Autism tends to shine a bright light on whatever issues were already there. A counselor who understands the constant stress autism places on a family can help a couple navigate the difficulties while staying connected.

This doesn’t happen overnight. It’s process that takes time, patience, and perseverance. But the results are worth it. There is no doubt in my mind that counseling saved my own marriage.

4. Stress Management

Stress is a significant factor in the development of disease. It can literally make us sick.

In order to stay healthy, we need to learn to manage stress effectively. The daily stress of an autism parent is tremendous and constant. A counselor can help by offering a caring, supportive ear, validating parenting efforts and encouraging self-care skills. Counseling can help someone through a rough patch or be used on an ongoing basis throughout the parent’s journey. Some of the parents I help keep me on speed-dial for help during tough times, while others have attended therapy regularly for years as their child has grown.

It is said that we cannot give out of an empty cup, that we need to put on our own oxygen masks before helping others. If you are the parent of a child with autism spectrum, counseling can make a tremendous difference in how you play the cards you’ve been dealt. In the end, that’s a win-win for your entire family.


  1. Cohen, S., Janicki-Deverts, D., Doyle, W. J., Miller, G. E., Frank, E., Rabin, B. S., & Turner, R. B. (2012). Chronic stress, glucocorticoid receptor resistance, inflammation and disease risk. Proceedings of the National Academy of Sciences, 109, 5995-5999.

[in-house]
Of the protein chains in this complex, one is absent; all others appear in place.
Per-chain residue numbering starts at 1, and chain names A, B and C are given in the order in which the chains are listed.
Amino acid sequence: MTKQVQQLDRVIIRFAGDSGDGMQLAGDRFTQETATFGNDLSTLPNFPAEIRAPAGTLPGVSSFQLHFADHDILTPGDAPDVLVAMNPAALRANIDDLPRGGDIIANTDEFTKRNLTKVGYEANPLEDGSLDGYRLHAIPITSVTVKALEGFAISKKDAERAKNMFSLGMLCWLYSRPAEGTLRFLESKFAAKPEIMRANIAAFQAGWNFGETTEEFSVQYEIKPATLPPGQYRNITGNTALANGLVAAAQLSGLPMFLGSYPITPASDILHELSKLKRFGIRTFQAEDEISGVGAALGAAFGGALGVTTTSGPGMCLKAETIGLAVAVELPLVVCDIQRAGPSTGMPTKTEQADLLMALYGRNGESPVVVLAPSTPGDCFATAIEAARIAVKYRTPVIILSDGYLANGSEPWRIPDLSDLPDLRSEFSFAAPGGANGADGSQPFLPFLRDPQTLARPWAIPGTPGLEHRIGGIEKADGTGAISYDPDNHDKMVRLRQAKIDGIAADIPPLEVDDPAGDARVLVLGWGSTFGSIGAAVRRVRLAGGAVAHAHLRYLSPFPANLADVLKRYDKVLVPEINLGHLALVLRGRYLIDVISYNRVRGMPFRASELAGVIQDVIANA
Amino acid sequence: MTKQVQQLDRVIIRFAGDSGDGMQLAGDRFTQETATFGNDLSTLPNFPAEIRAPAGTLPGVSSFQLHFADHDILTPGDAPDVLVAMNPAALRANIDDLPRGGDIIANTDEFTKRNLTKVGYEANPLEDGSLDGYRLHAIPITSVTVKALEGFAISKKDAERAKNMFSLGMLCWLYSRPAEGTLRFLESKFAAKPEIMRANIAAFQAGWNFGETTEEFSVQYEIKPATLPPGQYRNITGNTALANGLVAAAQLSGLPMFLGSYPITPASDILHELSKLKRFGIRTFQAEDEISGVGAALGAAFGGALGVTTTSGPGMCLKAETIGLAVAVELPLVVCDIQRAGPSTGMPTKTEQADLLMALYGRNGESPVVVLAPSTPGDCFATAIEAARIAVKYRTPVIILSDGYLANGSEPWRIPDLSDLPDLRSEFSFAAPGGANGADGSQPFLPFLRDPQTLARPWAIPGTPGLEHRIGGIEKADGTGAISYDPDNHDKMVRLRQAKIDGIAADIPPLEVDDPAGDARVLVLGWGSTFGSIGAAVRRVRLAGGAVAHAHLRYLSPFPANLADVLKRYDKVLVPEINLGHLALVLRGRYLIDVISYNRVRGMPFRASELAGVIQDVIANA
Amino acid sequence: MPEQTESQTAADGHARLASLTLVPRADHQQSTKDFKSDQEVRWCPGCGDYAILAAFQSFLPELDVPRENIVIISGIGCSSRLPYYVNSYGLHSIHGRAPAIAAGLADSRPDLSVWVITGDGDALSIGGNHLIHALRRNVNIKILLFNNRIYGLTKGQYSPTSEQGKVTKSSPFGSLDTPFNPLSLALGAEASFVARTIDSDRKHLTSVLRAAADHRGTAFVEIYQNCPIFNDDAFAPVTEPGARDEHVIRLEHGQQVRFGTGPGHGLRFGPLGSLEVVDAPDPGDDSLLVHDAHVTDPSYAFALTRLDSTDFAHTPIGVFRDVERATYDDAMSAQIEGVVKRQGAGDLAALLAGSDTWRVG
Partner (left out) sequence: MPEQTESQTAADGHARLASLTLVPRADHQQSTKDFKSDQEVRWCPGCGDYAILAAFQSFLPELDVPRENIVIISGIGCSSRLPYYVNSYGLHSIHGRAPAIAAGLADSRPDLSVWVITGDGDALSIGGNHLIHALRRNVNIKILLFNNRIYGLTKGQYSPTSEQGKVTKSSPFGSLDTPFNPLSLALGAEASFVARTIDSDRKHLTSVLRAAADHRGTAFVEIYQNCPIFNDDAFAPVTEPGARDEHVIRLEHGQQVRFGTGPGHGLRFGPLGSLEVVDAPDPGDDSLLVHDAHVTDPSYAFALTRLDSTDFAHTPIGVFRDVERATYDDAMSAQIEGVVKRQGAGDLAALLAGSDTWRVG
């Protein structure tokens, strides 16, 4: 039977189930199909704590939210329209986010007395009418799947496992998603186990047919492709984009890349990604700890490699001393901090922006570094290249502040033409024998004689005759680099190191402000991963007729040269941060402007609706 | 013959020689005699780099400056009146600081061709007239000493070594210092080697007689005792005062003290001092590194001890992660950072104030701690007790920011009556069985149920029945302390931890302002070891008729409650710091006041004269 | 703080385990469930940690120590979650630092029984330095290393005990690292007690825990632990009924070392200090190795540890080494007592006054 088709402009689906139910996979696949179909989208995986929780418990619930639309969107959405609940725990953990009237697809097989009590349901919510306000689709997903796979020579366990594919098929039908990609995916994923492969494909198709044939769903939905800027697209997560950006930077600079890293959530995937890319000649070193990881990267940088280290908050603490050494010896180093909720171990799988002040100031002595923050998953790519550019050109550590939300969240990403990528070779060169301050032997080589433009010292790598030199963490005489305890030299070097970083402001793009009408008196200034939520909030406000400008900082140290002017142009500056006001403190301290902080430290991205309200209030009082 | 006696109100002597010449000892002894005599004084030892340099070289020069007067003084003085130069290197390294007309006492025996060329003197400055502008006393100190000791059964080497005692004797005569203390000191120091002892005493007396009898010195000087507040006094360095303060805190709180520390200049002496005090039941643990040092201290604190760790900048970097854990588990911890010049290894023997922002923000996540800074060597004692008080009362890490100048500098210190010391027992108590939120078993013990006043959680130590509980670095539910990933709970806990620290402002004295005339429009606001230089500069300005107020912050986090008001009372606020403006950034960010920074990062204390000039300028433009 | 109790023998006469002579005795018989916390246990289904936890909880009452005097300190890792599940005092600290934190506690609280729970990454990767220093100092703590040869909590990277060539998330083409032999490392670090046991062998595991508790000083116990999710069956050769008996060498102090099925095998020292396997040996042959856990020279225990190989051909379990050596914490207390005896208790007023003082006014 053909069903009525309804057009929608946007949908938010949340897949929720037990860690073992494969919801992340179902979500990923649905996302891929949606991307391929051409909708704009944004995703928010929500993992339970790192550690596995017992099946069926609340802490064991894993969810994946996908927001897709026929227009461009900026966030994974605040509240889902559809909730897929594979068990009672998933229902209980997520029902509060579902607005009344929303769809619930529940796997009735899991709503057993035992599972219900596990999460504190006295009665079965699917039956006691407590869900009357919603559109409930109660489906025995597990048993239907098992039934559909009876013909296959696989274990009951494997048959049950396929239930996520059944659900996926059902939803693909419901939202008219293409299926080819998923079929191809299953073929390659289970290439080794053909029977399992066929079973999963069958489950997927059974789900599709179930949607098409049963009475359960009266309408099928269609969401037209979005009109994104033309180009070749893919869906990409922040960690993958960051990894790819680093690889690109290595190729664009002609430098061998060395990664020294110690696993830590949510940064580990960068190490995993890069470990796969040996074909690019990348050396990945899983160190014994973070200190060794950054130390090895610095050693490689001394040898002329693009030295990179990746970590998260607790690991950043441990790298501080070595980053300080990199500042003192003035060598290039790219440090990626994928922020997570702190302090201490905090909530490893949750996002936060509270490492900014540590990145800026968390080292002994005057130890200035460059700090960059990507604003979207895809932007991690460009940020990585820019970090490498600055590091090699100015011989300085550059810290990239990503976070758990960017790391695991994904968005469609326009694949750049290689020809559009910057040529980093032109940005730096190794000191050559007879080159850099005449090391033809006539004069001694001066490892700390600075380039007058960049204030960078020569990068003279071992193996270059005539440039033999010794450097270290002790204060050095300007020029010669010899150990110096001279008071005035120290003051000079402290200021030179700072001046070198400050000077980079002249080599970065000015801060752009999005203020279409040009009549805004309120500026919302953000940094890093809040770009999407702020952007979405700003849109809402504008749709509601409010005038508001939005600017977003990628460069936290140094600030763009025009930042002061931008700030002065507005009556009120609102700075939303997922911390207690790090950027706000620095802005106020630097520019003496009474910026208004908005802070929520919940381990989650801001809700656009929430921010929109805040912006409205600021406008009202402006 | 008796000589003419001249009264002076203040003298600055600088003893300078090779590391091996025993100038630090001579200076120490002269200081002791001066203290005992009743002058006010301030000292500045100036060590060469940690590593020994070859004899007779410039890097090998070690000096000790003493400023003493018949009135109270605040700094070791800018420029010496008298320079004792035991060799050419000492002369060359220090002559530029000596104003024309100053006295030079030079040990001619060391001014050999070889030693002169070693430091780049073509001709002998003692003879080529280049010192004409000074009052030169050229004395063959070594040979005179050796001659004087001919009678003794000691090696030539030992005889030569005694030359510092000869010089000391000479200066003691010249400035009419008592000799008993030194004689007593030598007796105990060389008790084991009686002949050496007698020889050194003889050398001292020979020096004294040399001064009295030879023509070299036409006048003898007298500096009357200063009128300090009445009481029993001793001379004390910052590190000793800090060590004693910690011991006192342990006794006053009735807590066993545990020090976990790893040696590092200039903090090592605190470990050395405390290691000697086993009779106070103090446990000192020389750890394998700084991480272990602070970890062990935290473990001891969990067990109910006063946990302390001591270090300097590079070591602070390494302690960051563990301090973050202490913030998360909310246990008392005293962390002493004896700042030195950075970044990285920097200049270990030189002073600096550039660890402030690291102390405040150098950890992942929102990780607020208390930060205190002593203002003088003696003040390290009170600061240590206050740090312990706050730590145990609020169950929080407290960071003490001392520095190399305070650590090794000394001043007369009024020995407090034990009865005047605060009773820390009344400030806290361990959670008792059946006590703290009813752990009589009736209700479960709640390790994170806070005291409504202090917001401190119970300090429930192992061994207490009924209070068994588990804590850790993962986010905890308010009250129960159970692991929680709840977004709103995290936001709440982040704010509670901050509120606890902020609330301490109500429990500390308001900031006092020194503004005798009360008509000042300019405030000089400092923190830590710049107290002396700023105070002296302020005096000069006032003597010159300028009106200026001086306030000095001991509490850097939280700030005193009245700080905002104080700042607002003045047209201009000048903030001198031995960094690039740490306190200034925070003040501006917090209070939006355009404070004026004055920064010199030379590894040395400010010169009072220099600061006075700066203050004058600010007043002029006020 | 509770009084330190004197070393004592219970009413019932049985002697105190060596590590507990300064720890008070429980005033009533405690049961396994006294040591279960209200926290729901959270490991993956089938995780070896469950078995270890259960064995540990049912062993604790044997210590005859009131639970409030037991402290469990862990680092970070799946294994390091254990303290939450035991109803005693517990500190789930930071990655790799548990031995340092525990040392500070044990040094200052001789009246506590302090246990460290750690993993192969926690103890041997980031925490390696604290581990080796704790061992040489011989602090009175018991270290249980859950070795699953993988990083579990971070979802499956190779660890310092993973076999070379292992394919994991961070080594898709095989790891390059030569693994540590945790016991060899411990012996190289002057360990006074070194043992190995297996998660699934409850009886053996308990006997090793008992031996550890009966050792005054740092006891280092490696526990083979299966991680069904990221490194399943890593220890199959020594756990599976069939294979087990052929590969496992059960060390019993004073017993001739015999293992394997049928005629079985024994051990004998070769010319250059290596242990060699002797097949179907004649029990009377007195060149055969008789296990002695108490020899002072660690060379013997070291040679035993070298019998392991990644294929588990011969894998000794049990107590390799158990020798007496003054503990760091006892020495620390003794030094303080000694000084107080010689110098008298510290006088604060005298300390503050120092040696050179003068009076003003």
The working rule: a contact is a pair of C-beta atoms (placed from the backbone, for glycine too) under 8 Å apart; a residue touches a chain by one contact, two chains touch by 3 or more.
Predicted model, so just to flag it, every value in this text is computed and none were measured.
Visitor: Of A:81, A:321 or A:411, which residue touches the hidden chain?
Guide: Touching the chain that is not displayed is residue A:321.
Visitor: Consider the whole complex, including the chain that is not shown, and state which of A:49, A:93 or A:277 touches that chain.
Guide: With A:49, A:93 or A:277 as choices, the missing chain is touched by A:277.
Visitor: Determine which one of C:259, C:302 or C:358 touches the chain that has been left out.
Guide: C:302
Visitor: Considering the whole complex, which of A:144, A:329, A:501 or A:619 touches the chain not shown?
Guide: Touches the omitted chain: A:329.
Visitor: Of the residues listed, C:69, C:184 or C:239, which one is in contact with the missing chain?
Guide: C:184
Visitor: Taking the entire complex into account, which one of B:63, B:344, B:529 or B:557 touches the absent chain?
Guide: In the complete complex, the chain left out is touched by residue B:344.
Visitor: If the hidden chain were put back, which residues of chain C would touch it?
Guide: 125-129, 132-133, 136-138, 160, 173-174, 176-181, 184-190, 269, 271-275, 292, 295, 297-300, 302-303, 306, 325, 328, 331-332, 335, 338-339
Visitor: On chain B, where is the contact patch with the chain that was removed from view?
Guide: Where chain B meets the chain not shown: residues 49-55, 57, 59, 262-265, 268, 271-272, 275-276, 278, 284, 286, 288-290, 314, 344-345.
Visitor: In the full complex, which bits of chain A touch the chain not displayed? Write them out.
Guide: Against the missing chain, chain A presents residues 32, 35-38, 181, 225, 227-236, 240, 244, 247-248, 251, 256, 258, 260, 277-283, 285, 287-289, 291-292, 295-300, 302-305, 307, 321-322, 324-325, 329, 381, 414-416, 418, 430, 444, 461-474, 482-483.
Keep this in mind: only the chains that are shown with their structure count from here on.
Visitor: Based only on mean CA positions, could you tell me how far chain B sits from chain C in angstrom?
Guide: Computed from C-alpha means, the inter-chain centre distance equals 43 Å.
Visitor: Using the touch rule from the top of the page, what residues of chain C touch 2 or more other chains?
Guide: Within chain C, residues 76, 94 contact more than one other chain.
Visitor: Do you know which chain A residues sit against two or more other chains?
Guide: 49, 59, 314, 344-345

2. Hartley, S. L.Barker, E. T.Seltzer, M. M.Floyd, F.Greenberg, J.Orsmond, G., & Bolt, D. (2010). The relative risk and timing of divorce in families of children with an autism spectrum disorderJournal of Family Psychology 24(4): 449-457.
  3. Naseef, R., & Freedman, B. (2012). A diagnosis of autism is not a prognosis of divorceAutism AdvocateFall9-12.

© Copyright 2015 GoodTherapy.org. All rights reserved. Permission to publish granted by Janeen Herskovitz, MA, LMHC, Autism Spectrum Topic Expert Contributor

The preceding article was solely written by the author named above. Any views and opinions expressed are not necessarily shared by GoodTherapy.org. Questions or concerns about the preceding article can be directed to the author or posted as a comment below.

  • Leave a Comment
  • ronald

    July 14th, 2015 at 9:45 AM

    We so often do not think so much about the needs of the parents but there is a great chance with a situation like this that the parents are going to need a whole lot of help, and that would definitely include some counseling to get them through all of this. I would not be surprised to know that the parents who receive this type of diagnosis for their children wind up feeling wildly unprepared and uneducated to handle it.

  • Lola

    July 14th, 2015 at 4:11 PM

    In many ways it can give you that lifeline to the outside world that you have probably been missing for a while

  • Rory

    July 15th, 2015 at 8:06 AM